The Nagorno-Karabakh Conflict
The conflict is primarily a struggle for territory between the Armenia-backed Artsakh Republic and the Republic of Azerbaijan. Nagorno-Karabakh itself is internationally recognised as the territory of Azerbaijan but is occupied by the Armenians. The Armenian people migrated to this region during the early 19th century. The quickly escalating anti-Azerbaijani feelings among the Armenian populace led to the persecution of the area’s ethnic Azerbaijanis.
Azerbaijanis were compelled to flee Karabakh in large numbers. At the beginning of 1988, hundreds of people abandoned their homes and arrived in Baku. At the beginning of the first Nagorno-Karabakh conflict, which ended in the mass murder of ethnic Azerbaijanis and Armenian control of the region, Armenians created the autonomous Republic of Artsakh. In 1994, after Russian mediation, the two sides signed the Bishkek Protocol, which established a cease-fire (Cornel, 2015).
However, despite these precautions, border confrontations between Armenians and Azerbaijanis occurred between 2008 and 2020. For example, in Mardakert in 2008, both Azerbaijan and Armenia blamed one other for internal Armenian difficulties (BBC, 2008). As a result, the United Nations enacted Resolution 62/243, which called for the immediate withdrawal of all Armenian soldiers from Azerbaijani territory. The Armenians ignored this decision, and they remained in Azerbaijani territory until the commencement of the Nagorno-Karabakh war in 2020, which concluded in November of that year. Armenia committed on that day to restore the Azerbaijani territory it had captured as part of the cease-fire agreement.
The initial step to analysing the conflict according to the strategic-dialogue plan framework is defining the problem. In 1828, the Turkmanchay treaty was signed between Russia and Persia which provided resettlement of Armenians from Persia and the Ottoman Empire to the Caucasus region, in particular the current territory of Armenia, Georgia, and Azerbaijan. Hundreds of thousands of Armenians left Persia and Ottoman territory and moved mostly to Erevan and Karabakh where Azerbaijani reside (Jannatoglu, 2016).
Russia desired to control Caucasus by implementing the policy of Christianisation and resettlement of Armenia which aimed to act as a bridgehead for Russian dominance on the edges of the Middle East. The total Armenian population in Azerbaijan increased gradually and became more than the Azerbaijani population.
The main actors are Azerbaijan and Armenia as the parties in conflict. Russia is also an actor with extensive influence in the region and that has supplied both Azerbaijan and Armenia with military ammunition. Other than that, the OSCE Minsk group which is co-chaired by Russia, France, and the United States with permanent members including Belarus, Germany, Italy, Sweden, Finland, and Turkey, as well as Azerbaijan and Armenia, also play as the third party to mediate the conflict.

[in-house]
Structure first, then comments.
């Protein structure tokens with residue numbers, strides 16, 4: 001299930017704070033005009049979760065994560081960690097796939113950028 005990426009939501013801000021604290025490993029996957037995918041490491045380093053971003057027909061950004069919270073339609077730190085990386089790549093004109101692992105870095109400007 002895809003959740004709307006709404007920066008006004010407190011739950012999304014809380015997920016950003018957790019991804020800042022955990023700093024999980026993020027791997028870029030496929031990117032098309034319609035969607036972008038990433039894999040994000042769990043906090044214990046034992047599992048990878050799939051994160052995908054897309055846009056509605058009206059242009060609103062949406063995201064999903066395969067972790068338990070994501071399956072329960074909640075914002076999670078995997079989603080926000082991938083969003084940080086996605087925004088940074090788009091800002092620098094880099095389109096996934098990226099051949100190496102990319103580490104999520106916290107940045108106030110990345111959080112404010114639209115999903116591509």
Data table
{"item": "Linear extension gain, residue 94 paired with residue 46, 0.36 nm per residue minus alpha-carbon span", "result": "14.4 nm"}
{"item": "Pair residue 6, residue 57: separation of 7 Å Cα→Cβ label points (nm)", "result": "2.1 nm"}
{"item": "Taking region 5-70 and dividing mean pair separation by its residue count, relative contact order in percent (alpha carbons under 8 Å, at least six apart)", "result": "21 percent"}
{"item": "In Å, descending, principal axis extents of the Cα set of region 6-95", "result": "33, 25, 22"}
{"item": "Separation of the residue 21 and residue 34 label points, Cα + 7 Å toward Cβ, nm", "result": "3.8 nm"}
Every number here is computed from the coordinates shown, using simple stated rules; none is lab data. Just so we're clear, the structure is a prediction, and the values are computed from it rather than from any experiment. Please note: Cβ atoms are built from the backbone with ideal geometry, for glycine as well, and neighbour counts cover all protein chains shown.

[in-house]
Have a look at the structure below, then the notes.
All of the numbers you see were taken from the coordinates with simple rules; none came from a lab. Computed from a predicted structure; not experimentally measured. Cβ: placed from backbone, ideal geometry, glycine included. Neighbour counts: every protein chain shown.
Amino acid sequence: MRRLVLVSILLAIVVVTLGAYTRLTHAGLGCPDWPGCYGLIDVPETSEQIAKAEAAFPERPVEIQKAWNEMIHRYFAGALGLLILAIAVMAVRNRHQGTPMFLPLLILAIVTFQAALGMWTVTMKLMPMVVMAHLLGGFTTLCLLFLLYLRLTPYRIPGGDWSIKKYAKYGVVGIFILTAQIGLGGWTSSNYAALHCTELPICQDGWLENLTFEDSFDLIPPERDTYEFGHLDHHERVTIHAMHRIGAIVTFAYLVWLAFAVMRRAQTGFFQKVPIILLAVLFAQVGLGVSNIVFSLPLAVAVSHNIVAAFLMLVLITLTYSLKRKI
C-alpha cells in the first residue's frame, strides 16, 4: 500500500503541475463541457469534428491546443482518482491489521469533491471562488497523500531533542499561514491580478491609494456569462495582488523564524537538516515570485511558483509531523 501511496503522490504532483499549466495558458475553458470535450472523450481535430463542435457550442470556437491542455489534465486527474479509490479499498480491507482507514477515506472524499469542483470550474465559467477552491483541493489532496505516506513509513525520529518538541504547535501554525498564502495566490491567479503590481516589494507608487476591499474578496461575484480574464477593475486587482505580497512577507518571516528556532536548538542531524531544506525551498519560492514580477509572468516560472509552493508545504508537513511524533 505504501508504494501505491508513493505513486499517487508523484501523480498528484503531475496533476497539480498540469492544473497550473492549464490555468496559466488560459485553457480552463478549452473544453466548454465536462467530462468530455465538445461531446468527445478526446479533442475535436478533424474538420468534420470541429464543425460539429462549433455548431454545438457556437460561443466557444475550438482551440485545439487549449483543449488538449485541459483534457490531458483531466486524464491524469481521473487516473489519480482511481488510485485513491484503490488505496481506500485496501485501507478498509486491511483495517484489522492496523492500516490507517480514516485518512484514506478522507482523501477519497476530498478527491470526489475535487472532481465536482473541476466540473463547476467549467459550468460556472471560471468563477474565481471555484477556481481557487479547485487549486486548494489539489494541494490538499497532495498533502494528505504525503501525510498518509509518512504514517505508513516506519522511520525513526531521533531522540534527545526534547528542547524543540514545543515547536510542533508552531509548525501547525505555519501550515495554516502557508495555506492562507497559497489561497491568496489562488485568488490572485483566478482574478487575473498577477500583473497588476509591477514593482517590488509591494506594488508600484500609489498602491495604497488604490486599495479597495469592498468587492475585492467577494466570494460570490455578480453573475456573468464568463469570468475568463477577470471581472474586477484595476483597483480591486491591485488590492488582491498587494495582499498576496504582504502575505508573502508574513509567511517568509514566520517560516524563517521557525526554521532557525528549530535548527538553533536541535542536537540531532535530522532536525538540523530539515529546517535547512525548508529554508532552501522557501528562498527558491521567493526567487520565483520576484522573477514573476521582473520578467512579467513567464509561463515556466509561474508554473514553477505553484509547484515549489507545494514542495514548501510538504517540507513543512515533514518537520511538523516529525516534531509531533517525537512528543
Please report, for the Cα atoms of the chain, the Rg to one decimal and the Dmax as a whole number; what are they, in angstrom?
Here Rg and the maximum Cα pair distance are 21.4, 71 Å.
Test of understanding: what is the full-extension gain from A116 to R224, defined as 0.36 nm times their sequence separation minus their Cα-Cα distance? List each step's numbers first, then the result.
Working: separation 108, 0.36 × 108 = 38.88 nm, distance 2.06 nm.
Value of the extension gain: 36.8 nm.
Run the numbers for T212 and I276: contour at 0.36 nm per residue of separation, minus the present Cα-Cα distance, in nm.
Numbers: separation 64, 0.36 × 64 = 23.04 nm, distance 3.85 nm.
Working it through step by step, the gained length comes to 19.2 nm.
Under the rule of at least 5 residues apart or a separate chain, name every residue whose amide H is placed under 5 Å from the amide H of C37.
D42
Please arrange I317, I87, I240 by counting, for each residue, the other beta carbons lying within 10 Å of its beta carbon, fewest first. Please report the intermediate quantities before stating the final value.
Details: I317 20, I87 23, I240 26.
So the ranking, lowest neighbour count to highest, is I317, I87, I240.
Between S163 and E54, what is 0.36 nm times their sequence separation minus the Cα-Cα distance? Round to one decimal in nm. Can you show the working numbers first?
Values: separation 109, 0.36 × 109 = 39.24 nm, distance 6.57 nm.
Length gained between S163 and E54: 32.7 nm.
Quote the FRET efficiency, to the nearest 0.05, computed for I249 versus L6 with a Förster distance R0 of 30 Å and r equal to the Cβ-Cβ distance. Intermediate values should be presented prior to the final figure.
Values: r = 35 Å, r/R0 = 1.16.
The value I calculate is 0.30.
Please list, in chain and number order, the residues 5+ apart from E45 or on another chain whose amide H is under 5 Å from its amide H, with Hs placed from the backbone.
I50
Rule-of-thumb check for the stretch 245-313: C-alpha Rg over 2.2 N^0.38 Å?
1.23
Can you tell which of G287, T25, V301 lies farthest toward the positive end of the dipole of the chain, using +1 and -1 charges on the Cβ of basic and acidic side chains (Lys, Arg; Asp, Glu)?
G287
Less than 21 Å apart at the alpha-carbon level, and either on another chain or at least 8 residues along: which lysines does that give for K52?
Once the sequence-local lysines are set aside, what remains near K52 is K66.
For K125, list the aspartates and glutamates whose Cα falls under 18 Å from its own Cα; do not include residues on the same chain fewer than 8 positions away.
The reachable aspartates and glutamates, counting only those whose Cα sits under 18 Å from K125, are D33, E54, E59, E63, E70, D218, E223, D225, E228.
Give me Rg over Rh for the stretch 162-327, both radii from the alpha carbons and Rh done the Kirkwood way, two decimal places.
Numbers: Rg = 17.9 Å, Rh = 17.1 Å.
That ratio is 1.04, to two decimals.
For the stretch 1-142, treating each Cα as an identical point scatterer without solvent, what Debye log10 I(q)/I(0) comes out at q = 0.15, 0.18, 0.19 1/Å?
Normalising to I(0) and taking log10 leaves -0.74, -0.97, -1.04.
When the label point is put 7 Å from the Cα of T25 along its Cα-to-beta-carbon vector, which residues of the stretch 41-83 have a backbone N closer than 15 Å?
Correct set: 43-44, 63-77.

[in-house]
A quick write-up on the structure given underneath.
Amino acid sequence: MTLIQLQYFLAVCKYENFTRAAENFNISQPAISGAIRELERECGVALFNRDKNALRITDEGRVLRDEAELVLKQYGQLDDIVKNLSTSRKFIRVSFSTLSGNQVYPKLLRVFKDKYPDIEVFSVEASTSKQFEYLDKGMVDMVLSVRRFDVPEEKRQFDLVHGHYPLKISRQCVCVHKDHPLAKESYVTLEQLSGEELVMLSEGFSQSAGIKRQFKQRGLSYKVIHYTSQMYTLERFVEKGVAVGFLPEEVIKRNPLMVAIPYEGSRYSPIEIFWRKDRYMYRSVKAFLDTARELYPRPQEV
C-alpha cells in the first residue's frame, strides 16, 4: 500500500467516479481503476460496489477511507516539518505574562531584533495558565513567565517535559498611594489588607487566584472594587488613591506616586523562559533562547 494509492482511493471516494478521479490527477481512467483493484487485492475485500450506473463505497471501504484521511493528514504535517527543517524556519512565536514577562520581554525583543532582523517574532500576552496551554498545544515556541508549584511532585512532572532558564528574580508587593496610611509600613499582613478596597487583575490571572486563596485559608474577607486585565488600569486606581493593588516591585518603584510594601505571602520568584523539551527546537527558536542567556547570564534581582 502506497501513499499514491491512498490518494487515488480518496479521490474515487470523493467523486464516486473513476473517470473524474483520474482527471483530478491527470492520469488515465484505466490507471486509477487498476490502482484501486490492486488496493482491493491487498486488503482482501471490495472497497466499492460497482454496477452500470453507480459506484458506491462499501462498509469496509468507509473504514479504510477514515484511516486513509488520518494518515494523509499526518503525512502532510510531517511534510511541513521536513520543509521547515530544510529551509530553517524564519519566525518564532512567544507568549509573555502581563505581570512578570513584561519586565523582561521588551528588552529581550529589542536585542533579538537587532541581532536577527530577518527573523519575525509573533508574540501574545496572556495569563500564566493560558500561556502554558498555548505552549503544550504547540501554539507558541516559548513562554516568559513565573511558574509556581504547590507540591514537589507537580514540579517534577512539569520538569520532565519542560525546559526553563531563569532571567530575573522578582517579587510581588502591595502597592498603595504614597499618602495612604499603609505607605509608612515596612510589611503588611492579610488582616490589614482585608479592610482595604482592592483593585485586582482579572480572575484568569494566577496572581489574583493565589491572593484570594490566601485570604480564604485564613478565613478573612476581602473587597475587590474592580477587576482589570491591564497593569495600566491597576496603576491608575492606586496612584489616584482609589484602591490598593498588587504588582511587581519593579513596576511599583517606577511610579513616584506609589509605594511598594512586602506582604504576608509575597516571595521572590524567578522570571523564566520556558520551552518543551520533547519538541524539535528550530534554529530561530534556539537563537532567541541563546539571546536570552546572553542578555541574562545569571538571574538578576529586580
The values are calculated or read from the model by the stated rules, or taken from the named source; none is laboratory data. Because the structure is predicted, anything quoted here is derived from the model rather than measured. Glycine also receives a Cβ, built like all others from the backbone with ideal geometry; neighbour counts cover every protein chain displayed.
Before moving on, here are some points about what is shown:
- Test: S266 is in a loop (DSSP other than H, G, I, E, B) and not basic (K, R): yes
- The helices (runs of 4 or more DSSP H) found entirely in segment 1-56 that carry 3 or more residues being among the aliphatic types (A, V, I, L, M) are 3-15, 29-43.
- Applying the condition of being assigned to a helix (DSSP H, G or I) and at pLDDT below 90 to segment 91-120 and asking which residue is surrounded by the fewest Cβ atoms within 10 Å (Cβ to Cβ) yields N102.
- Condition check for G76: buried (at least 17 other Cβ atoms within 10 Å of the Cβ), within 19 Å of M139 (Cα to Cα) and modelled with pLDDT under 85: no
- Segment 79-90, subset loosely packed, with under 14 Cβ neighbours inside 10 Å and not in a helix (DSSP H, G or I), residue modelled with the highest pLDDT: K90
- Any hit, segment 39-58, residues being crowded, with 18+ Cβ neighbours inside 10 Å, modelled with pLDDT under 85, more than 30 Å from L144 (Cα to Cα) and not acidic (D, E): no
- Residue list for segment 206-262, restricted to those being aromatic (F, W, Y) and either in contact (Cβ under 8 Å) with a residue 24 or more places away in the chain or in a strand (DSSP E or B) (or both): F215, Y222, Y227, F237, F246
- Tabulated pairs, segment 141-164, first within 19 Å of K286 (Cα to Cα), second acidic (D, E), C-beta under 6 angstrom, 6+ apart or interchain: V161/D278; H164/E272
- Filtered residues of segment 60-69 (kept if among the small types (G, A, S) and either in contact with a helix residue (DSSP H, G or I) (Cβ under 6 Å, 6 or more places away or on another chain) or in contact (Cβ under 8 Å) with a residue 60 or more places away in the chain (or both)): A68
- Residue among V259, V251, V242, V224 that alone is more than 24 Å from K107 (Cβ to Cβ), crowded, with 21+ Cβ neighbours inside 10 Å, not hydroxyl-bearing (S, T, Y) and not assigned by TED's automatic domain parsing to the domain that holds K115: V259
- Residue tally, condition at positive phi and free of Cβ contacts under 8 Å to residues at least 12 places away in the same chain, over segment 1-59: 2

Each actor has a different interest towards the conflict. Azerbaijan’s interest is to retake its occupied territory from Armenia and strengthen its national sovereignty. Armenia demands that the Armenian population in the Nagorno-Karabakh region become independent and not under an Azerbaijani ruler. Russia desires to control the region by spreading its influence to both conflict parties (Cornel, 2015).
Due to the fact that Russia maintains a military station in Armenia, it was thought that this country would be closer to Russia than Azerbaijan. Turkish influence in the Caucasus and the Mediterranean is also considerable. As a result of President Erdogan’s declaration that Turkey will defend Azerbaijan in the crisis, it is recognised as the country’s principal ally. He also lambasted the OSCE Minsk Group for underestimating the violence and failing to find a solution.
As a result of the bloodshed of the first Nagorno-Karabakh conflict, hundreds of thousands of both Azerbaijani and Armenian citizens were forced to leave the area. The OSCE Minsk Group was unable to resolve the war, and it erupted repeatedly until 1994, when Russia was able to do so and all sides agreed to a cease-fire. The mediator in this scenario was the first-level actor; the issue was not entirely resolved as the goal was just to lessen its level of violence.
Following the 1994 ceasefire, many clashes again occurred between the two parties. Between the first ceasefire, the OSCE Minsk Group (Abilov, 2018) played its role as a second-level actor to facilitate and provide consultation to mediate the conflict in the conflict resolution stage, the second level of the conflict management stage. The second Nagorno-Karabakh War re-erupted in 2020 and it was the extensive clash after the first Nagorno-Karabakh war.
After Armenia lost the war, Russia also served as a mediator for the settlement of the dispute. Azerbaijan successfully reclaimed its land in Nagorno-Karabakh as a consequence of this conflict, and both sides later agreed to a peace accord. Now that the peace agreement has been signed, the conflict transformation process is being used. Although Armenian forces have already departed from the region, this stage is a long-term objective that will take more time to achieve.